Sign up for our daily briefing

Make your busy days simpler with Axios AM/PM. Catch up on what's new and why it matters in just 5 minutes.

Please enter a valid email.

Please enter a valid email.

Subscription failed
Thank you for subscribing!

Catch up on coronavirus stories and special reports, curated by Mike Allen everyday

Catch up on coronavirus stories and special reports, curated by Mike Allen everyday

Please enter a valid email.

Please enter a valid email.

Subscription failed
Thank you for subscribing!

Denver news in your inbox

Catch up on the most important stories affecting your hometown with Axios Denver

Please enter a valid email.

Please enter a valid email.

Subscription failed
Thank you for subscribing!

Des Moines news in your inbox

Catch up on the most important stories affecting your hometown with Axios Des Moines

Please enter a valid email.

Please enter a valid email.

Subscription failed
Thank you for subscribing!

Minneapolis-St. Paul news in your inbox

Catch up on the most important stories affecting your hometown with Axios Twin Cities

Please enter a valid email.

Please enter a valid email.

Subscription failed
Thank you for subscribing!

Tampa Bay news in your inbox

Catch up on the most important stories affecting your hometown with Axios Tampa Bay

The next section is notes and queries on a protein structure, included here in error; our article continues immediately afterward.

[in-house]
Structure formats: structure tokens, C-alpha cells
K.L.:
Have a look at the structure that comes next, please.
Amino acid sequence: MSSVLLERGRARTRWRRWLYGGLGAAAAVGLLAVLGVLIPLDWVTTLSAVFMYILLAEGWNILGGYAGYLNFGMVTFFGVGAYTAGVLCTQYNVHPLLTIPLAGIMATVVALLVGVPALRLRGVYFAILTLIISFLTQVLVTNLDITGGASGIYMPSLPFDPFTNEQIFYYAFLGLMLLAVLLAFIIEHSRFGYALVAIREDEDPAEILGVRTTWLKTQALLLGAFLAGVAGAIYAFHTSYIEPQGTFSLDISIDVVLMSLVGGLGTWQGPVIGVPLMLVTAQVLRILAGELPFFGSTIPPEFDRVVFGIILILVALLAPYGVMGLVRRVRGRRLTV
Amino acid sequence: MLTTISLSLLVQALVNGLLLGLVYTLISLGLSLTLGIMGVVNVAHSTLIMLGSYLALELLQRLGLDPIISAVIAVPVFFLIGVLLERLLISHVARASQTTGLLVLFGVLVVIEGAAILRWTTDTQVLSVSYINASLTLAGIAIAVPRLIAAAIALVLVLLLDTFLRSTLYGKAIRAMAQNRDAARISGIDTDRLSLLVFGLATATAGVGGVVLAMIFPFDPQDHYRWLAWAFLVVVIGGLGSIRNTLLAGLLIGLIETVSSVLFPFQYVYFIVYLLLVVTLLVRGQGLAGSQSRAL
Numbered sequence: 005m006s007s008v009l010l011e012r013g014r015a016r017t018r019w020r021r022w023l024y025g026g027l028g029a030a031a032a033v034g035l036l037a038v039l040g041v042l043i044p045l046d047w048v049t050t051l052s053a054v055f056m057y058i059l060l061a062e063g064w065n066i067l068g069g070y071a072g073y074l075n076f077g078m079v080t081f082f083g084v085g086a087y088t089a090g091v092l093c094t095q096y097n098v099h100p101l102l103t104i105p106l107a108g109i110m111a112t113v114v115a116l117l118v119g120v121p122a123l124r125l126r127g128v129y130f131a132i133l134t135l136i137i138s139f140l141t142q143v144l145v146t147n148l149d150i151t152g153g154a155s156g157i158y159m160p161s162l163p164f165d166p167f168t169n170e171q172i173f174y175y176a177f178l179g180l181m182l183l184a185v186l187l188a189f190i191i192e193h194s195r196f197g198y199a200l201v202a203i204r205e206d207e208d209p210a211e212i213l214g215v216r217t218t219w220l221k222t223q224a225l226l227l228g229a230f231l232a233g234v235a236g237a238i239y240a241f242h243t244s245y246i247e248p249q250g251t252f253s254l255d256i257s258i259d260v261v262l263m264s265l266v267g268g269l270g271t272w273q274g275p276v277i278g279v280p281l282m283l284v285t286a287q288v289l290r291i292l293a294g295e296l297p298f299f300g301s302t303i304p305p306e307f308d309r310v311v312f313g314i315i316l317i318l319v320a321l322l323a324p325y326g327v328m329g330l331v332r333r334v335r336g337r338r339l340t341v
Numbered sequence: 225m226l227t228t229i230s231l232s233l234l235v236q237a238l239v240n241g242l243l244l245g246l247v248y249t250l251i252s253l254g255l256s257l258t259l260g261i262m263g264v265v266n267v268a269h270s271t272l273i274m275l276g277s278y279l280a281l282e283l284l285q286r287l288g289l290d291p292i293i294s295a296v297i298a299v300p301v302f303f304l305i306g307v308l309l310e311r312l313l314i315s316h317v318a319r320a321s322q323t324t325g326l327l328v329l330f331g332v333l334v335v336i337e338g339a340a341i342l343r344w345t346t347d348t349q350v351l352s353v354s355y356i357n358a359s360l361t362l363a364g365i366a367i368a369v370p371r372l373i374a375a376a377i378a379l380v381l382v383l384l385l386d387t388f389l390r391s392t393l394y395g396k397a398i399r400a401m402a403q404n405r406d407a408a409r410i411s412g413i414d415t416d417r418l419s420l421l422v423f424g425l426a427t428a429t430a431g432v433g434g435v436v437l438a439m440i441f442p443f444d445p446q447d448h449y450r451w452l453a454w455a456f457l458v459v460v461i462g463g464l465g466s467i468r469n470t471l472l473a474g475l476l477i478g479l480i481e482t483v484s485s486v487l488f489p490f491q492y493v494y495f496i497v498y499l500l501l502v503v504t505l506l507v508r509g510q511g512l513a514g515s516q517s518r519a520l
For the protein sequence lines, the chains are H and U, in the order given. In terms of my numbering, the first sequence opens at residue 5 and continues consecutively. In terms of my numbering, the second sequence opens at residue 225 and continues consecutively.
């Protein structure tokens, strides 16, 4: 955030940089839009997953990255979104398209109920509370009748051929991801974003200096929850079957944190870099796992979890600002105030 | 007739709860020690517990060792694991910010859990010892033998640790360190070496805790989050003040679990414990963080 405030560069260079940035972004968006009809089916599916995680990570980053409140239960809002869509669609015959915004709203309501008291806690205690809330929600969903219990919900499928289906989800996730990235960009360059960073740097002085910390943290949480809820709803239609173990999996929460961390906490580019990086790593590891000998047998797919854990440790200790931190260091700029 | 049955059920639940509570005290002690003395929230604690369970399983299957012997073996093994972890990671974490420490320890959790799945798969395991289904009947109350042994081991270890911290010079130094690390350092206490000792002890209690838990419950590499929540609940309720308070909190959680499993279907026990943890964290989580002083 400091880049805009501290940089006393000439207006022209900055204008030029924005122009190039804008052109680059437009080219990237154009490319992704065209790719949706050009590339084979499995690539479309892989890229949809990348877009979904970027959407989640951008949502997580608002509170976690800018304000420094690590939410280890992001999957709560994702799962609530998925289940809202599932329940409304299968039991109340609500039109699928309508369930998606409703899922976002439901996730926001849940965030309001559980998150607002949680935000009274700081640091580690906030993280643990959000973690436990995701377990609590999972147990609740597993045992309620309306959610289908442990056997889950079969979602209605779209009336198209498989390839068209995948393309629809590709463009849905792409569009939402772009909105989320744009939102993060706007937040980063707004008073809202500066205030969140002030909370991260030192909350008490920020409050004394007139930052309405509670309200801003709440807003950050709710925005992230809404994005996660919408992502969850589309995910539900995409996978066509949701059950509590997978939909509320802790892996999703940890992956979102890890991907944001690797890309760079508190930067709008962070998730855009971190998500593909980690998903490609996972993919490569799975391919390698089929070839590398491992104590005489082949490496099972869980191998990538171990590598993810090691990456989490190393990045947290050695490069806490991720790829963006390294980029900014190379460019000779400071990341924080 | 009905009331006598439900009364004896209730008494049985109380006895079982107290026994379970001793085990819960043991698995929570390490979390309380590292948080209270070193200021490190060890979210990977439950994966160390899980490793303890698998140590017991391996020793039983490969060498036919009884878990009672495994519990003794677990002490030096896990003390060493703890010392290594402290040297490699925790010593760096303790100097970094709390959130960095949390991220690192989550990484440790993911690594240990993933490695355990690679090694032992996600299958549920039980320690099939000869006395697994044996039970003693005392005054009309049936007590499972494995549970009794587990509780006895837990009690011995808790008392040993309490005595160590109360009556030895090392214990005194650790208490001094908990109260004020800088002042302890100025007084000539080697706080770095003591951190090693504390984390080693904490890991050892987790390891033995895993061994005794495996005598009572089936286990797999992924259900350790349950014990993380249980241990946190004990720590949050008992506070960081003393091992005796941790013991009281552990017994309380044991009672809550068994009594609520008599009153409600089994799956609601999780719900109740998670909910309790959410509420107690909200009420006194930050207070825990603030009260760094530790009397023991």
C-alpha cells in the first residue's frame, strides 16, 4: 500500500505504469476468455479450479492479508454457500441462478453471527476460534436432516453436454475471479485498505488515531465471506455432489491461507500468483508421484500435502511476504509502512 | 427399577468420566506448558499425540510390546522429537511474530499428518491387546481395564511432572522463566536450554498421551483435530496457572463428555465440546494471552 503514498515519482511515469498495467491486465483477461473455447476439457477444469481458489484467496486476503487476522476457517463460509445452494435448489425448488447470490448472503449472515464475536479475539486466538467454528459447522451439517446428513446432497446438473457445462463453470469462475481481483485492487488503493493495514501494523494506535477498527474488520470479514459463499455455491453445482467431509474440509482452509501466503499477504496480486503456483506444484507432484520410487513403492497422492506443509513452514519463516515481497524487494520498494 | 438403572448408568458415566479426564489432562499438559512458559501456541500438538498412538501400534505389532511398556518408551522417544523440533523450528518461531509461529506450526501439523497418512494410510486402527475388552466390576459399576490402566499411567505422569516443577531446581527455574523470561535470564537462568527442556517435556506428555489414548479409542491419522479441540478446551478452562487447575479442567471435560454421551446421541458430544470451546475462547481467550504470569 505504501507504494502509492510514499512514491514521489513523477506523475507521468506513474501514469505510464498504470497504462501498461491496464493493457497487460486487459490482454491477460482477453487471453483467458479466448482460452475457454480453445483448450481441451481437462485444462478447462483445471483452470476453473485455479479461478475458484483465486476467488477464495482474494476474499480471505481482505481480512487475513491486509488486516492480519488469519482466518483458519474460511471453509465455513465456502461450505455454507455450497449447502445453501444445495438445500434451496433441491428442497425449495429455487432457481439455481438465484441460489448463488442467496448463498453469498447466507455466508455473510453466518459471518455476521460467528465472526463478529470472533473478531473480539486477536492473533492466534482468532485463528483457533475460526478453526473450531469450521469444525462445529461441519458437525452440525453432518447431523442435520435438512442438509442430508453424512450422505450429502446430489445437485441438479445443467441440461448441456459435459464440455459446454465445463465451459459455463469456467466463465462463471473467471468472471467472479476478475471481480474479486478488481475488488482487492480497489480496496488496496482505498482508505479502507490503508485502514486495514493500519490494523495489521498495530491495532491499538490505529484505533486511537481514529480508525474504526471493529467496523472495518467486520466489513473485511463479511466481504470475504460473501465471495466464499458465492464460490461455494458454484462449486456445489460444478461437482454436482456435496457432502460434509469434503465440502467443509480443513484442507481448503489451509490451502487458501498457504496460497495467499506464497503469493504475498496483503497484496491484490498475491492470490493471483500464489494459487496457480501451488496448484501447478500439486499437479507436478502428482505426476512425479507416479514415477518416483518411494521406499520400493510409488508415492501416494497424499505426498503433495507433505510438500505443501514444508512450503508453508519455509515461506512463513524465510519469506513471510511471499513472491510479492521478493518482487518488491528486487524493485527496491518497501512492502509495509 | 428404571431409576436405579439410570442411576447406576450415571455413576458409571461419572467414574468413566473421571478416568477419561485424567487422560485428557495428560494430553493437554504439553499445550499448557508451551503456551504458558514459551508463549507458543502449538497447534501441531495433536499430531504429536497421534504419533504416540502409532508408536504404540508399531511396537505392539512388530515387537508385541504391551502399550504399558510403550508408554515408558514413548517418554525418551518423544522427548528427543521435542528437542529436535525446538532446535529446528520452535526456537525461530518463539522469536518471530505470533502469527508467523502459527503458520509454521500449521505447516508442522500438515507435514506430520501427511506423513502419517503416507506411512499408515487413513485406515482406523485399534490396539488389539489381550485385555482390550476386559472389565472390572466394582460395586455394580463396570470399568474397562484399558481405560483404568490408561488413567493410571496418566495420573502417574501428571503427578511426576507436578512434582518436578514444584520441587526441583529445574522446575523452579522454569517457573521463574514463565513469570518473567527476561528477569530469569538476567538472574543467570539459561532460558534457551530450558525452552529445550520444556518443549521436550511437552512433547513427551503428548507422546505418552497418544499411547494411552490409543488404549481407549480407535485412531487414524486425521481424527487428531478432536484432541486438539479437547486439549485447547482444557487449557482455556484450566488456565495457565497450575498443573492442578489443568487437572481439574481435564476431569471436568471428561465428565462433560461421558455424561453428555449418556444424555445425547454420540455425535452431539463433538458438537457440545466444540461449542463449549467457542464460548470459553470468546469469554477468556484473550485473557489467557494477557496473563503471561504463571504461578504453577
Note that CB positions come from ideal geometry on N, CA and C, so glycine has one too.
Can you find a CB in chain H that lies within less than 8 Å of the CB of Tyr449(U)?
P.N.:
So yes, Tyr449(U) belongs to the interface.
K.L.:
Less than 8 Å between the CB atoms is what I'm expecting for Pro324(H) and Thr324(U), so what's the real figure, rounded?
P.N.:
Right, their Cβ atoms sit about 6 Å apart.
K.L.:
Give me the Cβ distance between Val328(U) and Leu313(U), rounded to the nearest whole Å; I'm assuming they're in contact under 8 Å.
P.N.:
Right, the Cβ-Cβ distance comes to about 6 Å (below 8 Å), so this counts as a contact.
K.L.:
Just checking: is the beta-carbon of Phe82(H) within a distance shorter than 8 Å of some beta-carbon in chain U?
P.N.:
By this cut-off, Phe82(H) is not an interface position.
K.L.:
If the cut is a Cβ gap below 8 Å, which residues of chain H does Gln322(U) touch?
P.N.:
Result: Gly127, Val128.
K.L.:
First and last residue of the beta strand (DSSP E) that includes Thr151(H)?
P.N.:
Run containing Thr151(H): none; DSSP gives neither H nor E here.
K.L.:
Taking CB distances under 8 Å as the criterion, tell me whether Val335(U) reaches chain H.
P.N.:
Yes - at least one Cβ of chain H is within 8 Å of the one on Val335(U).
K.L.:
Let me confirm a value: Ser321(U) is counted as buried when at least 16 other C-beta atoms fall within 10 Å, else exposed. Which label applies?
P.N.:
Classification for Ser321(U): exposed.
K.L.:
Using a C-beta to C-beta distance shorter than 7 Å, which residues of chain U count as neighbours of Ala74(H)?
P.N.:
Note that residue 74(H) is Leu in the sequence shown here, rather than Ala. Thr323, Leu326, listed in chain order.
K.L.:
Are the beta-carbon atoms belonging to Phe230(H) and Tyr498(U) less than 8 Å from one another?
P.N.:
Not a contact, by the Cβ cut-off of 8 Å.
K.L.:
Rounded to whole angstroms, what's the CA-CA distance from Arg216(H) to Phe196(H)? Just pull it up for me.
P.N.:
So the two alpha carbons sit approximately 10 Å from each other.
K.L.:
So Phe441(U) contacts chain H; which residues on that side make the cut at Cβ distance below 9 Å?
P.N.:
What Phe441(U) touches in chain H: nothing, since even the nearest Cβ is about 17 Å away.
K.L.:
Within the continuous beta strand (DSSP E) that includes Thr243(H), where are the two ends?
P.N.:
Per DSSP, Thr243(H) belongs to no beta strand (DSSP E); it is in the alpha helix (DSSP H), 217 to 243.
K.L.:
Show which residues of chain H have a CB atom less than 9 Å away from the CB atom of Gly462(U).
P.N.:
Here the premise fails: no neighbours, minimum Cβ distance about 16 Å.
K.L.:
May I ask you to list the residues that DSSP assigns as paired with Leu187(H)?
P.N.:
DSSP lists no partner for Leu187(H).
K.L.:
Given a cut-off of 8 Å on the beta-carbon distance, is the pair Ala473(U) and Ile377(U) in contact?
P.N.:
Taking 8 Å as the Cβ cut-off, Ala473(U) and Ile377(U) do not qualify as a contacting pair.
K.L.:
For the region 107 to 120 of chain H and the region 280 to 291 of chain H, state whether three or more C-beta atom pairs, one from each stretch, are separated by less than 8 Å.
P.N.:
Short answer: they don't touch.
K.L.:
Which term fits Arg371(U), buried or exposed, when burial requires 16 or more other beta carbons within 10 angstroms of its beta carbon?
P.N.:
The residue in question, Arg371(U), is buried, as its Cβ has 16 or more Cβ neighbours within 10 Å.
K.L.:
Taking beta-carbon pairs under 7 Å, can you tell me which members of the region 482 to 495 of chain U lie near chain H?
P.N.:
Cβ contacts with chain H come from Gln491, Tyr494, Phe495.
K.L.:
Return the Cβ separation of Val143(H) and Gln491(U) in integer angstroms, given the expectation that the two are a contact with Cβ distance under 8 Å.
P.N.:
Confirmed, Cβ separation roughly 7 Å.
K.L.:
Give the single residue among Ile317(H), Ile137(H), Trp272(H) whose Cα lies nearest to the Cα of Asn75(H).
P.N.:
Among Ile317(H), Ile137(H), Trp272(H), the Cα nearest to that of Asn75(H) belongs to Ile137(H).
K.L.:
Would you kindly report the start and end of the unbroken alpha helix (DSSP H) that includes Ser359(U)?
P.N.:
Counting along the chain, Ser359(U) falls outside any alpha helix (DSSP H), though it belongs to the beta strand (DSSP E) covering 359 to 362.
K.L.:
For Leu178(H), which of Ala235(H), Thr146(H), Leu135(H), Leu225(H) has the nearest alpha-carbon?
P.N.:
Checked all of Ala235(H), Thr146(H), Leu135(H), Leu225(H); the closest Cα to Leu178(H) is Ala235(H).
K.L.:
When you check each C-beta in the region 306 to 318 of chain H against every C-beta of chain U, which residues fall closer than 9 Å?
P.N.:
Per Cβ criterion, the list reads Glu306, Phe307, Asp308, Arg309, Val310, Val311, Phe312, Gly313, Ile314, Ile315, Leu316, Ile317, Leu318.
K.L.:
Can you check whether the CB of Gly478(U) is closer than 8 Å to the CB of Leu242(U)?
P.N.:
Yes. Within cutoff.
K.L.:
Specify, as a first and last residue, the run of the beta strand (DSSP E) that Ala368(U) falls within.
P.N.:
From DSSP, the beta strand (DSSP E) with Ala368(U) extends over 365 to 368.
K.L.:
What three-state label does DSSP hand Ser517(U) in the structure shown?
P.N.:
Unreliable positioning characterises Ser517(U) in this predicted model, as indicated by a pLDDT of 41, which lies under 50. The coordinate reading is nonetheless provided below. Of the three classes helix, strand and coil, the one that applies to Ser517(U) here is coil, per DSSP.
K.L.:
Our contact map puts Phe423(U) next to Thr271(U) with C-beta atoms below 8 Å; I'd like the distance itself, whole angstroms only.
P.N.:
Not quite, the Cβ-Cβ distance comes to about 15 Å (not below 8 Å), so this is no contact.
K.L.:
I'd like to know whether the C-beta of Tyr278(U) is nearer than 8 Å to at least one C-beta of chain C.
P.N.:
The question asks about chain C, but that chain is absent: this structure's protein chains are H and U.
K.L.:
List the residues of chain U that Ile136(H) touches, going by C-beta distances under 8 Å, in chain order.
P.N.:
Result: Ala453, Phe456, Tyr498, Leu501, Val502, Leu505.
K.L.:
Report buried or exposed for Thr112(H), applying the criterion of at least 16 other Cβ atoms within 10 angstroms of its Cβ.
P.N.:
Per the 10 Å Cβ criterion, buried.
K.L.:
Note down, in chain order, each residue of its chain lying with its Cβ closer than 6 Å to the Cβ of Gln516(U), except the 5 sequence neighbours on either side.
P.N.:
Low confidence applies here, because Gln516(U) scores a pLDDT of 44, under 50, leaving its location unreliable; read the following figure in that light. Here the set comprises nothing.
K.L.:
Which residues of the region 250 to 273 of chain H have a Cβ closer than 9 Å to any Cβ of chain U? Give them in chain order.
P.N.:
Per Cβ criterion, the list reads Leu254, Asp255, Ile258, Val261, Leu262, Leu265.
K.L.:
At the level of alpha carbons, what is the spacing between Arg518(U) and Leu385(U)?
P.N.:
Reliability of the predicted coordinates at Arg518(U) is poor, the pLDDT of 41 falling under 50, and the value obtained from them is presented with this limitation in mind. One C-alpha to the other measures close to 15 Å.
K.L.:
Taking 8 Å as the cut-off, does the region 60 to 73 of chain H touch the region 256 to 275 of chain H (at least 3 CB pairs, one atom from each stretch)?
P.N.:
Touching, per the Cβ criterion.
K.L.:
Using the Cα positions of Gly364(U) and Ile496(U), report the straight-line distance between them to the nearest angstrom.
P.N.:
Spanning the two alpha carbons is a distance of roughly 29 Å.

Please enter a valid email.

Please enter a valid email.

Subscription failed
Thank you for subscribing!

Charlotte news in your inbox

Catch up on the most important stories affecting your hometown with Axios Charlotte

Please enter a valid email.

Please enter a valid email.

Subscription failed
Thank you for subscribing!

Please enter a valid email.

Please enter a valid email.

Subscription failed
Thank you for subscribing!

Illustration: Aïda Amer/Axios

Large companies have started pocketing billions of taxpayer dollars thanks to tax breaks tucked into the federal coronavirus stimulus.

Why it matters: Corporations are getting sizable, multiyear cash benefits, while most Americans received one-time, $1,200 checks to offset the economic turmoil and mass unemployment arising from the pandemic.

Details: Congress created several sizable tax provisions for companies in the main coronavirus aid package, especially these three: